A stare through the bus window amid the bustle of Istanbul
Istanbul is a goldmine for street photographers. Ara Guler, one of the members of the Magnum agency, made his name shooting the changing face of the city in the 1950s and 60s. And a new generation of street photographers have also discovered its wealth of opportunities – check out Eric Kim’s work from Istanbul, for example.
The city’s alleys and avenues are my favourite place to take street photos. Istanbul’s a city of nearly 20 million people; you’re never far away from hustle and bustle. And just like New York, it’s a city which rewards finding a place and waiting until a picture presents itself.
The Soviet photography manufacturer Lomo is best known for the famous Lomo Kompakt Automat, the chunky compact camera which kick-started the Lomography trend. But their contribution to analogue photography goes far deeper than that.
For decades, the massive Lomo plant in Leningrad (now St Petersburg) built other cameras – from the simple Smenas to the clock-powered Leningrad rangefinder and 60s design curious like the Voskhod. And after the quirky Lomo, they’re best-remembered for the Lubitel, a cheap and cheerful range of twin-lens medium format cameras that provided many photographers with an affordable way of shooting big. And while they are lumped in with a whole host of plastic fantastic toy cameras, Lubitels are actually capable of quality results.
Shot on a Kiev 60 with just a single lamp for illumination
Josh Rouse is one of the most criminally under-rated songwriters around. His 1998 debut album Dressed Up Like Nebraska is filled with a beautiful sense of loss and longing, while 2003′s 1972 is a time capsule pastiche, taking the listener back to the year of his birth, alive with the sounds of Stevie Wonder, David Bowie and Carole King.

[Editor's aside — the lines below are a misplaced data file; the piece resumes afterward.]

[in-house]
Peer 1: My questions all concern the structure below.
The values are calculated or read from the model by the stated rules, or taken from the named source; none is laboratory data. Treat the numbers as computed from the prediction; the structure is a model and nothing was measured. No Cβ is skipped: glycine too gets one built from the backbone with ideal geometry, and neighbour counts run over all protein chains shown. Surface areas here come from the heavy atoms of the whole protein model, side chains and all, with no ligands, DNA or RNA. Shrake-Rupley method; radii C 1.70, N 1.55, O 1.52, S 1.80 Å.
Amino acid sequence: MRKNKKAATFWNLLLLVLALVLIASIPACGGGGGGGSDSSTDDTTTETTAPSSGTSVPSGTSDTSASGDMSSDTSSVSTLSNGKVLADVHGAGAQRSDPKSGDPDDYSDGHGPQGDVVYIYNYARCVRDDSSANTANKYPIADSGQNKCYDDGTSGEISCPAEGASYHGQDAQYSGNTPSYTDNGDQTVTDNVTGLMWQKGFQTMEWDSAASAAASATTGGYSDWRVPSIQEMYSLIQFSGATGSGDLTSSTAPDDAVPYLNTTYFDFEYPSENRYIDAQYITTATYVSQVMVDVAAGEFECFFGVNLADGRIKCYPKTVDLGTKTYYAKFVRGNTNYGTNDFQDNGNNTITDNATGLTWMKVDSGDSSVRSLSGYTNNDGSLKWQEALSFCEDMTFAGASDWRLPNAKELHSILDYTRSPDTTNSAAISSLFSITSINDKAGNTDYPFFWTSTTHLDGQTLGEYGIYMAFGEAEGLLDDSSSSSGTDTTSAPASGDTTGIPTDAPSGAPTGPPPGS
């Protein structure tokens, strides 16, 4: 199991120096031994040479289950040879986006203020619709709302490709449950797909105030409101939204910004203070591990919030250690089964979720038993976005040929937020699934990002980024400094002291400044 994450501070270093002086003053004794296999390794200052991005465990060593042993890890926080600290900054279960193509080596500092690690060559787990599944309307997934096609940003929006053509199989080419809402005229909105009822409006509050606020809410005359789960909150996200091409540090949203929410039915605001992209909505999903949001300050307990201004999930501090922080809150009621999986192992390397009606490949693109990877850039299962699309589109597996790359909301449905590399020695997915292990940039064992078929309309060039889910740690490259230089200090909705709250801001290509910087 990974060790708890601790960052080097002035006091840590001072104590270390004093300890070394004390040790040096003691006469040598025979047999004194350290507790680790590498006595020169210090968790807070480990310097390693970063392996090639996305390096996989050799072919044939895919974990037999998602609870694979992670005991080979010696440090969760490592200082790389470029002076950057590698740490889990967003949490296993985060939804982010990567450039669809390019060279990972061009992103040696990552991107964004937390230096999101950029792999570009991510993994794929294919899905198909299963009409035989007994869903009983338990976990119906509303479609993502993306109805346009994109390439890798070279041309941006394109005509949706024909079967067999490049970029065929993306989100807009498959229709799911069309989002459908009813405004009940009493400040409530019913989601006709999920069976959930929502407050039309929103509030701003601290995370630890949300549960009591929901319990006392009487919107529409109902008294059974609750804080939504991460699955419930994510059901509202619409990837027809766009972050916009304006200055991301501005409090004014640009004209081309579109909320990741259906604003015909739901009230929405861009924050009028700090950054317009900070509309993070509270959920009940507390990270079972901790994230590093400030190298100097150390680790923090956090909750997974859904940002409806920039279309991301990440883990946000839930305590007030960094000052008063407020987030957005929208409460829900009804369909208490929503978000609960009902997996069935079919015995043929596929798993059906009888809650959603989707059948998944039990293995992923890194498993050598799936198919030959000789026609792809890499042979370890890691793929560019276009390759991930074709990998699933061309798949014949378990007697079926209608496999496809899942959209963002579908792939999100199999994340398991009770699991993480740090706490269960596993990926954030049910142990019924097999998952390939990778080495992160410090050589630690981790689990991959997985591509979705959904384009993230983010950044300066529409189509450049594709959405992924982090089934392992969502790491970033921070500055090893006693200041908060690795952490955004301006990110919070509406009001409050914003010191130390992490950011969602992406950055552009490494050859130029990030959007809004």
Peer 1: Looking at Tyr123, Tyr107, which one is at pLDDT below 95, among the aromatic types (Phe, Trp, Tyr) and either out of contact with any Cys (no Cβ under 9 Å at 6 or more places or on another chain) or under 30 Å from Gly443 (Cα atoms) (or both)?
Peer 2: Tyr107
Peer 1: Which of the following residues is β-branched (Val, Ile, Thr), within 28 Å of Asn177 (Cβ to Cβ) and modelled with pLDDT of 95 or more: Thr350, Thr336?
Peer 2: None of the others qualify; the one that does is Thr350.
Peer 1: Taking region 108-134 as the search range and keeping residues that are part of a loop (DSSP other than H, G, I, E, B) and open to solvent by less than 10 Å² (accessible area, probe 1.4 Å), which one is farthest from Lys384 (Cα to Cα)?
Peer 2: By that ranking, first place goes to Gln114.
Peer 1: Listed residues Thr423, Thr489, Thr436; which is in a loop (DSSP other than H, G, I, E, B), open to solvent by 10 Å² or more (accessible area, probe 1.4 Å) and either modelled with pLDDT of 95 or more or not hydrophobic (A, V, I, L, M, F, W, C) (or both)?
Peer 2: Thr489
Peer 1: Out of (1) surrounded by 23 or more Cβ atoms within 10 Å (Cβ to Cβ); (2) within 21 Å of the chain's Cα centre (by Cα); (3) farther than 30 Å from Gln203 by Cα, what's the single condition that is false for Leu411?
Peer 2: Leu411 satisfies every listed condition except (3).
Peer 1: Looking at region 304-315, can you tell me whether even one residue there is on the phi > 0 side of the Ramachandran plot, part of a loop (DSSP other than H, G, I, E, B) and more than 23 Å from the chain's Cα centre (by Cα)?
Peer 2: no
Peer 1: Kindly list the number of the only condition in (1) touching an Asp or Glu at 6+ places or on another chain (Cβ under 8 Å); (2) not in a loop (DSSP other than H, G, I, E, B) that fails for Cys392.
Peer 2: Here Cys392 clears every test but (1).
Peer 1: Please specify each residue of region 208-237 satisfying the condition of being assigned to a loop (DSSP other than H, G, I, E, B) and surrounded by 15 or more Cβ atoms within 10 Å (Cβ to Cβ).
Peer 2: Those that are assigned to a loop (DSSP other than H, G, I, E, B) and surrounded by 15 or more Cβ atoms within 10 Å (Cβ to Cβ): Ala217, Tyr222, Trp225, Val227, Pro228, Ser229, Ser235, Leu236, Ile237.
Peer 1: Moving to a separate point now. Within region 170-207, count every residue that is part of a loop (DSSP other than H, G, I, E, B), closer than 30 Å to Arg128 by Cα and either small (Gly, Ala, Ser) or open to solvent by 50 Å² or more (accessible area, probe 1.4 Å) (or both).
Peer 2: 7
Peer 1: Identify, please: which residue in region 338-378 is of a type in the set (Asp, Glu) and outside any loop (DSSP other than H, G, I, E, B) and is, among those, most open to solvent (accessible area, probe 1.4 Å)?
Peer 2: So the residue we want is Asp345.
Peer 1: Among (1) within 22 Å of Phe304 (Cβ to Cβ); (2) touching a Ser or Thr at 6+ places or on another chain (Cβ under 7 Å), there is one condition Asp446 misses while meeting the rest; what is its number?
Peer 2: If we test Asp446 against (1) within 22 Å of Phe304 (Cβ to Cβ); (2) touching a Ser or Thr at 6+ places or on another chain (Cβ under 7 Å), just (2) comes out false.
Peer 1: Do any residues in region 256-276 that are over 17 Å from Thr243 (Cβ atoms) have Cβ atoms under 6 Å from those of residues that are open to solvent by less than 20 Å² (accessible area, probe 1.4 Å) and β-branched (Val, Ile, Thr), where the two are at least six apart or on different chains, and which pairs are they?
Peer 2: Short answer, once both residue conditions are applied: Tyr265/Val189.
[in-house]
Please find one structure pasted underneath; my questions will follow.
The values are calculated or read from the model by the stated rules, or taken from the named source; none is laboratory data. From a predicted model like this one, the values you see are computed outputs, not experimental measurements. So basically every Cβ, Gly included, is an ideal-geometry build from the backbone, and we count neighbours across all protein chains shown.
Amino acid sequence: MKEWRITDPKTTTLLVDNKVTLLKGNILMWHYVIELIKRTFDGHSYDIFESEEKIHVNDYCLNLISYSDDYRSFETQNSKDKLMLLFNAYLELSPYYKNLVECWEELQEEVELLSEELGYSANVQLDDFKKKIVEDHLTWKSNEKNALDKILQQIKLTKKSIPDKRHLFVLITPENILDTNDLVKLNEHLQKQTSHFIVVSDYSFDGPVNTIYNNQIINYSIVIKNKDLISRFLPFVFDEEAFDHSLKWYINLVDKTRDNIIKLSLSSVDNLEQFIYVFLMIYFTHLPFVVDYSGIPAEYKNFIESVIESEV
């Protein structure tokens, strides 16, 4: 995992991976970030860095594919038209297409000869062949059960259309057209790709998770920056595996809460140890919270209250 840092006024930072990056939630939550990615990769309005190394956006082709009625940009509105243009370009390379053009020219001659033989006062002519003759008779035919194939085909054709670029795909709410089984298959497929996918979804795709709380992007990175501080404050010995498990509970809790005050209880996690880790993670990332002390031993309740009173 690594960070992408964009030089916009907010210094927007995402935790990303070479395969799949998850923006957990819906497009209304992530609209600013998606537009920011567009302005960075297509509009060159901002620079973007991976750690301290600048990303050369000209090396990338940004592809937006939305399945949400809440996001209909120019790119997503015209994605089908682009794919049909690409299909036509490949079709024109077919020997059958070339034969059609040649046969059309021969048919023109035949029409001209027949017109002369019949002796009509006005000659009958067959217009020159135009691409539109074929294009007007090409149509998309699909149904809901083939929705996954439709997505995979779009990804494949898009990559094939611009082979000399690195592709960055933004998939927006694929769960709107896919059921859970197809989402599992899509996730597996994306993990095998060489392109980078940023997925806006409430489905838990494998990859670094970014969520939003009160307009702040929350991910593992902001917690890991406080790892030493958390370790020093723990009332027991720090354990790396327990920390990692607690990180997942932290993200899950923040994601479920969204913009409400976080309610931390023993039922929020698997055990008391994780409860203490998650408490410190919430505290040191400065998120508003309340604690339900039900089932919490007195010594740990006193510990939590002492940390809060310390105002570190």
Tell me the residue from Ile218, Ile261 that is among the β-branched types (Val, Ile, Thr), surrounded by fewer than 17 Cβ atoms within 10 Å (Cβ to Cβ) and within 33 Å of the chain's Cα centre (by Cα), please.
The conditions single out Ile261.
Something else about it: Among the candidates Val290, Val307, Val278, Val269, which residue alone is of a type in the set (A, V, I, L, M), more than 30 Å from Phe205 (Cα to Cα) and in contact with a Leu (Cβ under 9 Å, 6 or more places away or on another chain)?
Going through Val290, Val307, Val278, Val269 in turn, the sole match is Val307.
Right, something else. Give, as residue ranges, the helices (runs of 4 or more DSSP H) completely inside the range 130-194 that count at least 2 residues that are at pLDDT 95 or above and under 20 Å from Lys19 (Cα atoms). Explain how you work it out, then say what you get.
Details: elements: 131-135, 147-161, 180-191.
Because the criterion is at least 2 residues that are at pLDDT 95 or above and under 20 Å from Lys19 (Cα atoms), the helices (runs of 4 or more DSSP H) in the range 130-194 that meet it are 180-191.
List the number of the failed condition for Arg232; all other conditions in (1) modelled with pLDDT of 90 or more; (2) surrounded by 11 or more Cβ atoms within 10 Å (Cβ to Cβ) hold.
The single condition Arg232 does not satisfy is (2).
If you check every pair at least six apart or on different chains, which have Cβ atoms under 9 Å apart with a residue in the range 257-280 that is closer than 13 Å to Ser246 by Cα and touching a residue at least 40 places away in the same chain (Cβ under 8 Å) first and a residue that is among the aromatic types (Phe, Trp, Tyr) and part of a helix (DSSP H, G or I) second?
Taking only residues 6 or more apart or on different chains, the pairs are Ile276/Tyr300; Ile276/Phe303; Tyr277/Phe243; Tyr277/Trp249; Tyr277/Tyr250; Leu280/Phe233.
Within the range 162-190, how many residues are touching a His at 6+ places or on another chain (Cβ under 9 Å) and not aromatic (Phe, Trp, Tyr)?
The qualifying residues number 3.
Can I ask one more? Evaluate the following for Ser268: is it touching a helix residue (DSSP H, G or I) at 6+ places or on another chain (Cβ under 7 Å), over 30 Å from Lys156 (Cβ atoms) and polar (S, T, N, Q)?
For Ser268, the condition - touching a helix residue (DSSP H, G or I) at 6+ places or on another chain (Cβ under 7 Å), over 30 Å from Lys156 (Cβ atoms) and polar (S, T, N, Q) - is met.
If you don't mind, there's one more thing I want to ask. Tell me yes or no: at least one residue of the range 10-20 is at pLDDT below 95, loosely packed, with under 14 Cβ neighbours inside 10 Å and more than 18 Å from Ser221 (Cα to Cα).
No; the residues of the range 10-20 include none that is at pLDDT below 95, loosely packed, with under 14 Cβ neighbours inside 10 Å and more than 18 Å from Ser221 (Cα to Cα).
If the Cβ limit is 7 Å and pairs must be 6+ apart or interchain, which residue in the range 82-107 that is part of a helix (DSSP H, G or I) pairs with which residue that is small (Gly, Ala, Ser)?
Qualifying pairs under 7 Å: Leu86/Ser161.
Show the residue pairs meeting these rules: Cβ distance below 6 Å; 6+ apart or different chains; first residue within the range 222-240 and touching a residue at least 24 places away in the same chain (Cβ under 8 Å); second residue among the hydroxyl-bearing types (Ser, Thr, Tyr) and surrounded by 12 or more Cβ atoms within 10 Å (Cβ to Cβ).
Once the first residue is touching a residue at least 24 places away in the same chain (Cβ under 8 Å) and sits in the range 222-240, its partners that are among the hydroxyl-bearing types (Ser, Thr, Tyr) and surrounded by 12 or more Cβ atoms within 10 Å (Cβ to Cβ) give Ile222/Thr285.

I first met Josh Rouse on a trip to Nashville in 2000 to interview Lambchop‘s Kurt Wagner for the Independent on Sunday; years later, I met him again around the time of his album Nashville, a love letter to his adopted home city shortly before he moved to Spain.
Having already begun my soundcheck photography project, I then shot Josh and band several times over the next few years whenever he was in London – and ended up doing the publicity shots for his next album, 2006′s Subtitulo. The shot you see here is my favourite from the session.
Union Jack postcard? Check. London Taxi? Check
I just came back from my fifth visit to Istanbul; out of every city I’ve been to it’s the one I keep going back to. For a lad from Lower Hutt, New Zealand, it’s a city made of the very stuff that sends you out in the world with an overstuffed backpack, eager for a dose of the exotic.
I had some of those feelings the first time I stepped off the Tube in the middle of London back in 1994, on the short walk from the centre of town to Euston Station, wandering around a huge metropolis I had only ever seen via a TV set or a film screen. Living here nearly 20 years, I’ve always tried to remember that feeling when I’m walking around the city that’s been home for so long. It’s a good watchword to live by if you’re a photographer – keep your eyes open, and you never know what might be around the corner.
A model of the battleship King George V at the National Maritime Museum in Greenwich
Half an hour’s walk from my house is historic Greenwich. It’s the most famous name in naval tradition, forever associated with the Royal Navy and the admirals and seafarers that helped create the biggest empire in human history.
One of the highlights is the National Maritime Museum, opened in the 1930s to celebrate Greenwich’s proud maritime history, located in Greenwich Park. Just inside the museum is an enormous model of the British battleship King George V, launched not long after the museum was built. It’s one of the ships which chased down the German Navy’s flagship, the Bismark, in 1941, and later accepted the surrender of the Italian Navy’s battleships.